Wedding Guests: Dos and Don’ts

It is seven weeks before the wedding, when everyone we know is starting to realize how close it is and take an interest in what the exact plans are. The vast majority are behaving gracefully. However, I can share a few dos and don’ts on being a good wedding guest, based on our experiences so far (and those of other couples we know):

DO purchase gifts from the registry, or give money. I’ve banged this particular drum in this column before, but it bears repeating: The happy couple want money first, their registry gifts second. They have bills to pay: They just fed you and it wasn’t free. They’ve thought carefully about the registry. They’re probably in their mid-to-late 20s or older (early 30s in our case), and they already have enough stuff kicking around that you’re not going to help them by randomly choosing a vase or some junk you think they’d like. Don’t trick yourself into thinking you’re being a star by buying something “creative.” Nor something of sentimental value. Trust me on this. Cash or registry, nothing else.

DON’T ask why so-and-so isn’t invited. The bride and groom have thought hard and debated long about the guest list. Before you lobby on behalf of someone: Chances are good that the missing friend or uncle was championed by one half of the couple and rejected by the other, or that some kind of compromise was involved. Expecting the bride or groom to reopen that debate just isn’t fair given everything else they have to deal with. Also, chances are even better that the couple is over budget and worried about it, and just can’t be accommodate more mouths to feed. Be thankful you’re on the guest list, enjoy yourself with the people who are there, and invite whoever you want to your own wedding.

DO officially RSVP. Verbal responses over beer can be difficult to keep track of.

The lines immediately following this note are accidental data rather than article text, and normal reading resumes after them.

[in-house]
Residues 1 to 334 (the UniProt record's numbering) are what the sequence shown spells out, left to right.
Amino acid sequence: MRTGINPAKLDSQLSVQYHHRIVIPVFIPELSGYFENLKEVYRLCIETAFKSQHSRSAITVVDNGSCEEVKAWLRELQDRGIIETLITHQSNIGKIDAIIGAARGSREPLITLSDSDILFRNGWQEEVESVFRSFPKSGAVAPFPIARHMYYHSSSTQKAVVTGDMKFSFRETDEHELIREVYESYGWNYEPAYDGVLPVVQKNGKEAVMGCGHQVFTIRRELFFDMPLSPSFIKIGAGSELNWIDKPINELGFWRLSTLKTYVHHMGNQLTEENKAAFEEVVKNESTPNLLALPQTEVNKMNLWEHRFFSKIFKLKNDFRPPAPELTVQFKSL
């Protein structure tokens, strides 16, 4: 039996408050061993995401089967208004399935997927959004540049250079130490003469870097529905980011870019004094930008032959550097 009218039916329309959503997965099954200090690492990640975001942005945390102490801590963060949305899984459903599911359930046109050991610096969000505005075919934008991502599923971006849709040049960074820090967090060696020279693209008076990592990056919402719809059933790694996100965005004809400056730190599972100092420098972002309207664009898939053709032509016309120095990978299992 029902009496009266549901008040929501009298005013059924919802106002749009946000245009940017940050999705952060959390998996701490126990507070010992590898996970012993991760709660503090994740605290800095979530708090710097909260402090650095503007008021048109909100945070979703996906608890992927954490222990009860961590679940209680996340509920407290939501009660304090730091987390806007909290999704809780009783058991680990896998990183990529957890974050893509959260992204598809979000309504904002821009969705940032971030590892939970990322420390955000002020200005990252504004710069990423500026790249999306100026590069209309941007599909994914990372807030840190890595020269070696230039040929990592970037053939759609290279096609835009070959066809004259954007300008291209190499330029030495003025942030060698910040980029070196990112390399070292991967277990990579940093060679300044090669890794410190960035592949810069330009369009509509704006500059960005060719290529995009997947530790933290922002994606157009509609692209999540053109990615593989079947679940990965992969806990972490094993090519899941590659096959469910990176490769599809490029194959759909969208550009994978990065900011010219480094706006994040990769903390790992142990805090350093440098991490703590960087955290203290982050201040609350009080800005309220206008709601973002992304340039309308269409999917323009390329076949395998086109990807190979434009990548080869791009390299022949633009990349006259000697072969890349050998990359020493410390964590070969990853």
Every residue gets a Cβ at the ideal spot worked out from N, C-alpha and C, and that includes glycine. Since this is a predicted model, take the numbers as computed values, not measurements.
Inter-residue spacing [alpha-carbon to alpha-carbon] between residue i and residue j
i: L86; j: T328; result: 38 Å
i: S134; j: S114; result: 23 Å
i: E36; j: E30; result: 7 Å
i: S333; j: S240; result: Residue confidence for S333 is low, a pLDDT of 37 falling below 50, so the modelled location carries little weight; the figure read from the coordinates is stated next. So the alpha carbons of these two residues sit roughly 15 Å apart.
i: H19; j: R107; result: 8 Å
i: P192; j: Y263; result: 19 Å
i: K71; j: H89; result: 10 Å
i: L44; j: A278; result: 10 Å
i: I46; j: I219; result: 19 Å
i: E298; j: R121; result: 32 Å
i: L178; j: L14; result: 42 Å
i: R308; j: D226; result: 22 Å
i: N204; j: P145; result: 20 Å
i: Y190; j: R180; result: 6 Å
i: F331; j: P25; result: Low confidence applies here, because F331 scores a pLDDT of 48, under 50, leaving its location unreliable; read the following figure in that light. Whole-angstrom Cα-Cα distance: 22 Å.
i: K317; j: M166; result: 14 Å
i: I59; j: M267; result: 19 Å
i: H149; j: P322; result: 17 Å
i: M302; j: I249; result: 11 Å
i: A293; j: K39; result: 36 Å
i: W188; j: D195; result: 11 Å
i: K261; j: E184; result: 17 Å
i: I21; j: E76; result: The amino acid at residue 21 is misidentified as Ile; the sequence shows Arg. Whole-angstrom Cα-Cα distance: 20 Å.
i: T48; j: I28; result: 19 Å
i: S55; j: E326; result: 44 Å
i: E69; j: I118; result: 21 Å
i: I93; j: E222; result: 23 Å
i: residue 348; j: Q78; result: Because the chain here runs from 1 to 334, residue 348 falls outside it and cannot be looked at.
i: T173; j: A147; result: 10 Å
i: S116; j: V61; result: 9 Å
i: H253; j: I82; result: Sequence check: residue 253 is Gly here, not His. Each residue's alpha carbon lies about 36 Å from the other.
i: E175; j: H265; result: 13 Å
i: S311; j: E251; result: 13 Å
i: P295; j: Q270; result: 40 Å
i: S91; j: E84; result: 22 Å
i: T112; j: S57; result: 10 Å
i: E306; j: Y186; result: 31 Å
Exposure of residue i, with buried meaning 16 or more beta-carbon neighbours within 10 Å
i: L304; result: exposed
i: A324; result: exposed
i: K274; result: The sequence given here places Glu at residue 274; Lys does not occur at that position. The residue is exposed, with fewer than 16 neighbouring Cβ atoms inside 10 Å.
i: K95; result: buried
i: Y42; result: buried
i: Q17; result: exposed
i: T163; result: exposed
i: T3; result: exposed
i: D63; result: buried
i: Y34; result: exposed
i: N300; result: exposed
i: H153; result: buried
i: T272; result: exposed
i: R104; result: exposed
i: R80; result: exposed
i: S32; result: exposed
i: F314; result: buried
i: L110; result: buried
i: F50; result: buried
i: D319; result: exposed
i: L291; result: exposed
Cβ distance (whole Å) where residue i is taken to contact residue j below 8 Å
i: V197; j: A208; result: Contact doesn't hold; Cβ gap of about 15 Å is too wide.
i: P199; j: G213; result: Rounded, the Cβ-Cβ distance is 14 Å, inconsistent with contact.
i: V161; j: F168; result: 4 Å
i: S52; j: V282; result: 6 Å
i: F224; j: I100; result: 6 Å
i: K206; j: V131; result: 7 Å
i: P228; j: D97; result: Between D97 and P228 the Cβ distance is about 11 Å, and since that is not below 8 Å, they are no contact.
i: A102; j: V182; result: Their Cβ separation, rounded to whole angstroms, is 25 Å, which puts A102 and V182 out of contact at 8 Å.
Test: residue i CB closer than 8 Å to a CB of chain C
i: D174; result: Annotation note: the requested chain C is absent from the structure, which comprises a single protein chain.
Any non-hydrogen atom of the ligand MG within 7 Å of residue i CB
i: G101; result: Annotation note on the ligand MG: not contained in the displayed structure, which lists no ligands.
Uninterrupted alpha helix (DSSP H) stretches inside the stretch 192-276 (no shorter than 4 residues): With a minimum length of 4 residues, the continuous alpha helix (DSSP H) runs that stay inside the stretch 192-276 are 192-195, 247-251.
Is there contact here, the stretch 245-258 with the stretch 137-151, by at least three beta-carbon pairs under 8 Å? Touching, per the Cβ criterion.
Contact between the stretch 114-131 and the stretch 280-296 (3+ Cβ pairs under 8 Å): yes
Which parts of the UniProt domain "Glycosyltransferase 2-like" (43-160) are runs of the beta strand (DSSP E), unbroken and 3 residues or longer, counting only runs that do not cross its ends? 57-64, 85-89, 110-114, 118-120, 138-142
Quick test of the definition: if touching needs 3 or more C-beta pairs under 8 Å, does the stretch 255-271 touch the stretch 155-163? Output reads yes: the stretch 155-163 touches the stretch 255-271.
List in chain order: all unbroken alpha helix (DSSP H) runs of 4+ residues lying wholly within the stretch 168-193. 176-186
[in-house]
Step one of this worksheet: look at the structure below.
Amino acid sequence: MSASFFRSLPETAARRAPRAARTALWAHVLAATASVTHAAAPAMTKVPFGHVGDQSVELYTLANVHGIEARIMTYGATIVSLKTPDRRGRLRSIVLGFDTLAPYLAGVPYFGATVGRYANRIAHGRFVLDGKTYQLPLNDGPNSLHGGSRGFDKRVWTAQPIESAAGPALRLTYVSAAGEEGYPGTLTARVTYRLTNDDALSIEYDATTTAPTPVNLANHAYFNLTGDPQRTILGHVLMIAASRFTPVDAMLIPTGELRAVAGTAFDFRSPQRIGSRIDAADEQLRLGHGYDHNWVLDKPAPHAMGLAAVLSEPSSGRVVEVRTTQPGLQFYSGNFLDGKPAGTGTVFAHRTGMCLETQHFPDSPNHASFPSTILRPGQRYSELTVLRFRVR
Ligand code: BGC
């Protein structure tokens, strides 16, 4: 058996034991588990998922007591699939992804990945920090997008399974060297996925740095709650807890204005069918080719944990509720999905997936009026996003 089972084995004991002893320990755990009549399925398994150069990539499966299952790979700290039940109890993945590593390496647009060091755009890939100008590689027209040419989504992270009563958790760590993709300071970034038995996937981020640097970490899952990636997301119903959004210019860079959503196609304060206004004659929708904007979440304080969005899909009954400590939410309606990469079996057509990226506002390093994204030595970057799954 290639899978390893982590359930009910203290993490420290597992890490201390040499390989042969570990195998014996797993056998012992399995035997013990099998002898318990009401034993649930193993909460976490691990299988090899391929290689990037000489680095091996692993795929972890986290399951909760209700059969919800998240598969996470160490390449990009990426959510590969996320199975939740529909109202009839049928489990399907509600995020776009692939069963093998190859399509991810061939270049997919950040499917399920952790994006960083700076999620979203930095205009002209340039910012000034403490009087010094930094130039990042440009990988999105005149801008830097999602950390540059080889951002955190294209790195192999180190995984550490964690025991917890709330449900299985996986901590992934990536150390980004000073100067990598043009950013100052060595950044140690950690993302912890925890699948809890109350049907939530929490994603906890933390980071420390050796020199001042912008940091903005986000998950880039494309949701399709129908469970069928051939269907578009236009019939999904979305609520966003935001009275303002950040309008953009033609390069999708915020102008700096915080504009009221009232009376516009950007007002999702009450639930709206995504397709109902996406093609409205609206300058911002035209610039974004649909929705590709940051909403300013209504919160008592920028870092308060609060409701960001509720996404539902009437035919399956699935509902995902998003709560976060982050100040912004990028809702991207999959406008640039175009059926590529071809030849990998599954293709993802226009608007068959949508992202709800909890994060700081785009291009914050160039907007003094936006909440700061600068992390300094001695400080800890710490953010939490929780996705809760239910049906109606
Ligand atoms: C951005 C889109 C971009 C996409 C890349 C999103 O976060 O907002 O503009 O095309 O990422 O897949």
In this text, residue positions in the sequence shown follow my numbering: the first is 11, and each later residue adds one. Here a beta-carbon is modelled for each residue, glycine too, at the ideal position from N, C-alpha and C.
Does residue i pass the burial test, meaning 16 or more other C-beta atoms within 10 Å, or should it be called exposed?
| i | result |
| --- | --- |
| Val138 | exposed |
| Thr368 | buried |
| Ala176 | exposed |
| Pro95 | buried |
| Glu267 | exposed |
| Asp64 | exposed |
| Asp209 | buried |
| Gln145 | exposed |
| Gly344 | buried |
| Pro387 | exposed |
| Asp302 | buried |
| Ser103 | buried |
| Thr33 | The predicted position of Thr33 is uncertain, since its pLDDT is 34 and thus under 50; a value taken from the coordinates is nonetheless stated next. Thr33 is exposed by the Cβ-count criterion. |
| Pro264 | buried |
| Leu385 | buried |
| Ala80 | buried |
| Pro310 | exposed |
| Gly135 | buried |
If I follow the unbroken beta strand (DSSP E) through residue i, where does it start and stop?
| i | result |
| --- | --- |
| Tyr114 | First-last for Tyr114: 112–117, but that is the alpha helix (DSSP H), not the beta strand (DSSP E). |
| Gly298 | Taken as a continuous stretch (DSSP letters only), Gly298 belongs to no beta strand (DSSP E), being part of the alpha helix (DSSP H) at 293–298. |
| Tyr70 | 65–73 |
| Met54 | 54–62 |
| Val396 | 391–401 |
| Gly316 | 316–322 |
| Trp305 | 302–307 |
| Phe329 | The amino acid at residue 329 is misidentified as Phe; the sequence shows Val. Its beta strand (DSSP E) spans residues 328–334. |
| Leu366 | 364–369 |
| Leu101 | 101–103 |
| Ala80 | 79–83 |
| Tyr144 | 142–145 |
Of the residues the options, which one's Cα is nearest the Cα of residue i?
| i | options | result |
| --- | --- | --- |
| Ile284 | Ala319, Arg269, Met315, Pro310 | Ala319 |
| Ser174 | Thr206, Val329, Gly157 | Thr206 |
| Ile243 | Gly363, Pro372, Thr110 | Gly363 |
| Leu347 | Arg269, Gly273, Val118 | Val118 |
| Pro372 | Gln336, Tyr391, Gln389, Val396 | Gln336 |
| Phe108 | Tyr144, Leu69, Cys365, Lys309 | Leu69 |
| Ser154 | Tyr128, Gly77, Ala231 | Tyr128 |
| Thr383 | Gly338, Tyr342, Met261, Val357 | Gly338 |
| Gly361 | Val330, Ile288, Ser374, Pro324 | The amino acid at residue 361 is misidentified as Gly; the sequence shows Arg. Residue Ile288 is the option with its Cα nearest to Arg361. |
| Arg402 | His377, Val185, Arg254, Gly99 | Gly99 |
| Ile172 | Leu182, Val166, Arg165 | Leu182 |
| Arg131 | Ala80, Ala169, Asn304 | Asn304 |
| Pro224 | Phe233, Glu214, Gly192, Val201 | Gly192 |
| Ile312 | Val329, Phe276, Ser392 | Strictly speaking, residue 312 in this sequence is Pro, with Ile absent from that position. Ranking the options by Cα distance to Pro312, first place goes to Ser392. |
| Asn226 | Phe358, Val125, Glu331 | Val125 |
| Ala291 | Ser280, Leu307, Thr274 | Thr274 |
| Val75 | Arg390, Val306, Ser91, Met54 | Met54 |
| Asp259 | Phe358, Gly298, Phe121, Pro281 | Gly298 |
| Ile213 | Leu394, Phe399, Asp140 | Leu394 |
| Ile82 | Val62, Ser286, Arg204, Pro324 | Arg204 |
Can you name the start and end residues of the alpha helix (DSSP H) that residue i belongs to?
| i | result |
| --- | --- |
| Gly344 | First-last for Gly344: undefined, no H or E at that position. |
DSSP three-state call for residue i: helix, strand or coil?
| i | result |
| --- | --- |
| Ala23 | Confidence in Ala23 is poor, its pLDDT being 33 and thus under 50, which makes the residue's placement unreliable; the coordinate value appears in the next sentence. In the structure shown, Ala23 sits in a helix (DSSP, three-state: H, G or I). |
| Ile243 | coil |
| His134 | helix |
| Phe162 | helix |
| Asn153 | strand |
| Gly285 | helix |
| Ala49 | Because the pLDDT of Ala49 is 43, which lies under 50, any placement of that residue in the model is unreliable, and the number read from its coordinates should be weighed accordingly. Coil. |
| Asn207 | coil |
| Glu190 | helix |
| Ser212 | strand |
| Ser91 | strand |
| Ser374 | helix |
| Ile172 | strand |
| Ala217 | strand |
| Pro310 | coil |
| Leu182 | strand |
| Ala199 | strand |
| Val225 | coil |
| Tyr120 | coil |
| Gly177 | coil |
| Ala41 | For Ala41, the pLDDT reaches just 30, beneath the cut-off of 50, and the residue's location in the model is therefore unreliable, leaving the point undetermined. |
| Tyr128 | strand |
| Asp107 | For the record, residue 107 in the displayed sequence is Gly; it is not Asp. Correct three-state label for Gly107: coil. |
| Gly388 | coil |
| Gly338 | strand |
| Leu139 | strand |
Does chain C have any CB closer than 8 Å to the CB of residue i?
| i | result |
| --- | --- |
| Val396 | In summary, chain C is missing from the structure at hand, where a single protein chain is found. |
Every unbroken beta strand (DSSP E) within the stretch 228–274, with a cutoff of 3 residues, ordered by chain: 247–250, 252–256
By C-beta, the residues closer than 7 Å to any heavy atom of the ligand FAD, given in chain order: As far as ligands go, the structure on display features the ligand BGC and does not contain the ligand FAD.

DON’T send pissed-off emails to the couple if you’re not invited. First, they probably have considered inviting you and felt sad about not being able to. They had a long list and it wasn’t easy. Second, you might still be on a secondary list for people who will get invited if a lot of people in Round One can’t make it, so sit tight and be gracious. And if you still can’t resist the urge to be passive-aggressive (or just aggressive-aggressive) about this, well, maybe you’re not the kind of friend who should be invited.

DON’T complain or quibble with the arrangements generally. Whose wedding do you think this is?

DO organize an epic bachelor weekend that involves three days of drinking, eating and more drinking (and maybe some sightseeing) in one of the groom’s favourite cities. Last weekend saw me and 10 (!) buddies off to New Orleans and came off with just the right amount of crazy — no one got arrested or killed, although there were death threats. Also, we got to play with alligators and also eat them. Good times.

DO expect that if you follow the above rules, the bride and groom will be model guests (or non-invited well-wishers) when you get married.

Image courtesy of wili hybrid on flickr

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